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Pizza maker grabs slice of school market

As the son of a restaurateur in Racine, Wis., Bill Wells spent his time after school each day working in his father's Italian restaurant, busing tables, filling glasses, making pizza and other meals. Today, Wells is 58 years old. He has started his own restaurant and watched it grow into a chain of 11 eateries. He has seen his son become a successful restaurateur.

And all along he has continued making pizzas.

Now, in one of his biggest undertakings yet, Wells and his son are planning to start making a lot of pizzas _ almost 1.2-million per week, to be more exact _ that they are hoping to sell to virtually every school kid in the country.

"All my life I've been in pizza and pasta," said Wells, who last year sold Guido's Restaurant in Spring Hill _ the last of a chain of 11 restaurants he once owned _ to concentrate on his new project.

"This thing has been a dream I've had for the past six years or so."

The dream is one probably shared by many a pizza peddler.

It is a $1.5-million, fully automated pizza factory that has the capability of churning out 3,600 pizzas per hour, starting with the crust and ending with the pepperoni.

Wells, through his Guido's Food Co., is planning to market the plethora of pizza pies that his factory will make directly to the biggest group of pizza consumers _ school-age children, of course.

"Pizza is the fastest-growing type of food in schools today," said Wells, whose own pizza-eating habits have been curbed somewhat by a case of diabetes. "Our goal is to supply school districts all over the country."

Last week, the goal, and Wells' dream, got a significant boost when the Hernando County Commission agreed to issue $1.5-million in industrial revenue bonds that will be underwritten by investors Wells said he already has lined up.

With money in hand, Wells is planning to begin construction on the pizza factory, which will be at the Hernando County Airport Industrial Park, sometime next month.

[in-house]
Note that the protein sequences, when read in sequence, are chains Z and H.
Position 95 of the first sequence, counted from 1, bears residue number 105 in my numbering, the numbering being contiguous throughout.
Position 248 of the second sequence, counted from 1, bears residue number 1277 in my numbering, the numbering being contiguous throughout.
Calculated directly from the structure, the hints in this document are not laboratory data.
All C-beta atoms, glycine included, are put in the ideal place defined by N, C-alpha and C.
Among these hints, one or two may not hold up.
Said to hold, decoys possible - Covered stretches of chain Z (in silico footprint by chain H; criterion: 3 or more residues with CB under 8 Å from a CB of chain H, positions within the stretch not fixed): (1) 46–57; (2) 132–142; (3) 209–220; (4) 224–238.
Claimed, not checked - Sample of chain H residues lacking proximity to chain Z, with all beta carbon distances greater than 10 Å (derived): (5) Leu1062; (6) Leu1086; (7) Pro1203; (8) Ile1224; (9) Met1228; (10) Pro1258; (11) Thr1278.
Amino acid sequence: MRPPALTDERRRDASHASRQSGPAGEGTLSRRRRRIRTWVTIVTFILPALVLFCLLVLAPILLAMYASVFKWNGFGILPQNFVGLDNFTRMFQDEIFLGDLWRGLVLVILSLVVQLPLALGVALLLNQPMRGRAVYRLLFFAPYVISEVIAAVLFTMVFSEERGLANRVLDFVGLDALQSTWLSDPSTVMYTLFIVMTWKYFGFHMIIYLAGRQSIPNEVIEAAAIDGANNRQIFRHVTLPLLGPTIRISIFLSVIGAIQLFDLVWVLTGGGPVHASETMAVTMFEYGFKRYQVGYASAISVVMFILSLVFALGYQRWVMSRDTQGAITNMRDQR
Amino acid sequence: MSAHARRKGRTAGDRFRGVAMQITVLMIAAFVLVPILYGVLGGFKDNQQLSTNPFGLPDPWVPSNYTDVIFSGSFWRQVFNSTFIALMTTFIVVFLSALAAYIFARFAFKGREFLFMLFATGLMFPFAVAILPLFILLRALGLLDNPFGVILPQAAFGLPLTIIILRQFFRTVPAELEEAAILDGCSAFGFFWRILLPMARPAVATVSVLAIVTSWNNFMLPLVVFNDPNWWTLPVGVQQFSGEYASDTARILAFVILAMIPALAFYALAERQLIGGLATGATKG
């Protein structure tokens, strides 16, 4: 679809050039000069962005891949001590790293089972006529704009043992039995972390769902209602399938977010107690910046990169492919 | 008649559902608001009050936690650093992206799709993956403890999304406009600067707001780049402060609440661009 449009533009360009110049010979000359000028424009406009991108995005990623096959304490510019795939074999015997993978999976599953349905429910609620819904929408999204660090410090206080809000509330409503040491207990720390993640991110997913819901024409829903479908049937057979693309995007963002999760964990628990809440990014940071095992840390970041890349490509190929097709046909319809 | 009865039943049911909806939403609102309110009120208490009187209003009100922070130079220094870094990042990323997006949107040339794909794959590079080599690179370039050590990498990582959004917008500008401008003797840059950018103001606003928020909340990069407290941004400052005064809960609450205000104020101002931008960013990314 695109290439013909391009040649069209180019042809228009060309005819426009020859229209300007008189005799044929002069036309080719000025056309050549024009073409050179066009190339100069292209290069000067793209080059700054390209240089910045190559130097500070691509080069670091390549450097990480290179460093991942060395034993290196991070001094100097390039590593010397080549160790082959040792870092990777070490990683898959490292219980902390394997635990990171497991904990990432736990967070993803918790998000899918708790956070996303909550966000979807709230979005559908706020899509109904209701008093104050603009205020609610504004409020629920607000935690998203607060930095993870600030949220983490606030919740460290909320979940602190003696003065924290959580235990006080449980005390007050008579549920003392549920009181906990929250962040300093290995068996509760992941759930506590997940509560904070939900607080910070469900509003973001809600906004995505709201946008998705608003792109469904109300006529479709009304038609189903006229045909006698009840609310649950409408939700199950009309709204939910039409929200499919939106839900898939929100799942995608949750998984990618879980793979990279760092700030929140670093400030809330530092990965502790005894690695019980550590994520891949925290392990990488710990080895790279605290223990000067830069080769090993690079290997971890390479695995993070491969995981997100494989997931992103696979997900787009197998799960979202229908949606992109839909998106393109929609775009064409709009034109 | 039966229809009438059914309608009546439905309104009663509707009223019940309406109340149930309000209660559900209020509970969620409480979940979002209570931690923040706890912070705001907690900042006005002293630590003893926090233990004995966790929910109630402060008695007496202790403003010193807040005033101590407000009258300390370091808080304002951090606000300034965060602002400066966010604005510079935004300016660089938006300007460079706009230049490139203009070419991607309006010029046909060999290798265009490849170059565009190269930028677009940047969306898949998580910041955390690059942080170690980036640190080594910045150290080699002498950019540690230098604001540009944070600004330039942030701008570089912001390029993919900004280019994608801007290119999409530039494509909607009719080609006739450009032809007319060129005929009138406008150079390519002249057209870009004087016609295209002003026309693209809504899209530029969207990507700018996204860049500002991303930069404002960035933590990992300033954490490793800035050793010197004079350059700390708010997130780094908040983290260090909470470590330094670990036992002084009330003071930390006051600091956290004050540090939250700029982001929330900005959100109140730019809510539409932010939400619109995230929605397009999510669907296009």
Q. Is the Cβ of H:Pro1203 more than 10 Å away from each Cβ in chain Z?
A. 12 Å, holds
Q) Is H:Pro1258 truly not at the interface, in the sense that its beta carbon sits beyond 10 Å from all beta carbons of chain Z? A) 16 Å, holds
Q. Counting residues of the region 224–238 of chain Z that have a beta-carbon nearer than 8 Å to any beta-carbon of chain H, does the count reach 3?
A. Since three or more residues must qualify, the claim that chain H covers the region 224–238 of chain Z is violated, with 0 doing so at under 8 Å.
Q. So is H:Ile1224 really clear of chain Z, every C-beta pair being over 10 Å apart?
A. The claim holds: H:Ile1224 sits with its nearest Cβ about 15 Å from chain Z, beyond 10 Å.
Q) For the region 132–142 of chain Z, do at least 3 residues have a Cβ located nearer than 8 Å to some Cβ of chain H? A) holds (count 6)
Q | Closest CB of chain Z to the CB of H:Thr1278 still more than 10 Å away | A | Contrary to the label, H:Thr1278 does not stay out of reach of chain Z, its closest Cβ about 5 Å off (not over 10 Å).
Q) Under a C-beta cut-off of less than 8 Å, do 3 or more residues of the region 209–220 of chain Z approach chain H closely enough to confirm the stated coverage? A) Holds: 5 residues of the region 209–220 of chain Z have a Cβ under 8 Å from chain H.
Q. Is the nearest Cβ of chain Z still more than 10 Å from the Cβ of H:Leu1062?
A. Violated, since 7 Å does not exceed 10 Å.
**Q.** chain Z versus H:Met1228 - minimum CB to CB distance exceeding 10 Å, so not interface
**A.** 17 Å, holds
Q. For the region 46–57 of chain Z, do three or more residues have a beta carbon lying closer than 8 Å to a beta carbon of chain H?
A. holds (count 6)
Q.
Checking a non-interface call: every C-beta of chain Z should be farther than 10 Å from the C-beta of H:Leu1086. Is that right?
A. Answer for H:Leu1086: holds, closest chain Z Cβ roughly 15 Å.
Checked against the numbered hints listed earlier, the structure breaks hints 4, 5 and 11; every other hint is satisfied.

The 16,000-square-foot plant will employ about 35 people when completed sometime in September and will eventually employ more than 70 people, Wells predicted.

"I'm not crazy," said Wells, who spent the past three years researching the mass-market pizza industry. "I know this will work."

Pizza's tops with kids

If the size of the market and the prices of its current suppliers are any indication, Wells' idea for supplying schools with pizzas is definitely a sane one.

According to a 1989 Gallup poll, pizza was the favorite food of about 82 percent of all children nationwide under the age 13. With teen-agers, pizza is as popular as fast cars.

"Pizza is the No. 1 main dish item in the system by far," said Etha Bailey, director of food services for the Pinellas County School District.

"No doubt about it," she said. "First there's pizza, and then hamburgers and tacos."

Ms. Bailey should know. Each year, she surveys students throughout the more than 120 schools in the Pinellas County School District to find out their likes and dislikes in the cafeteria.

She is also one of several school-system food directors throughout Florida who has sampled Guido's Food Co.'s pizza and who has had some schoolchildren sample pies made in Wells' Pizza Cafe restaurant, his test kitchen.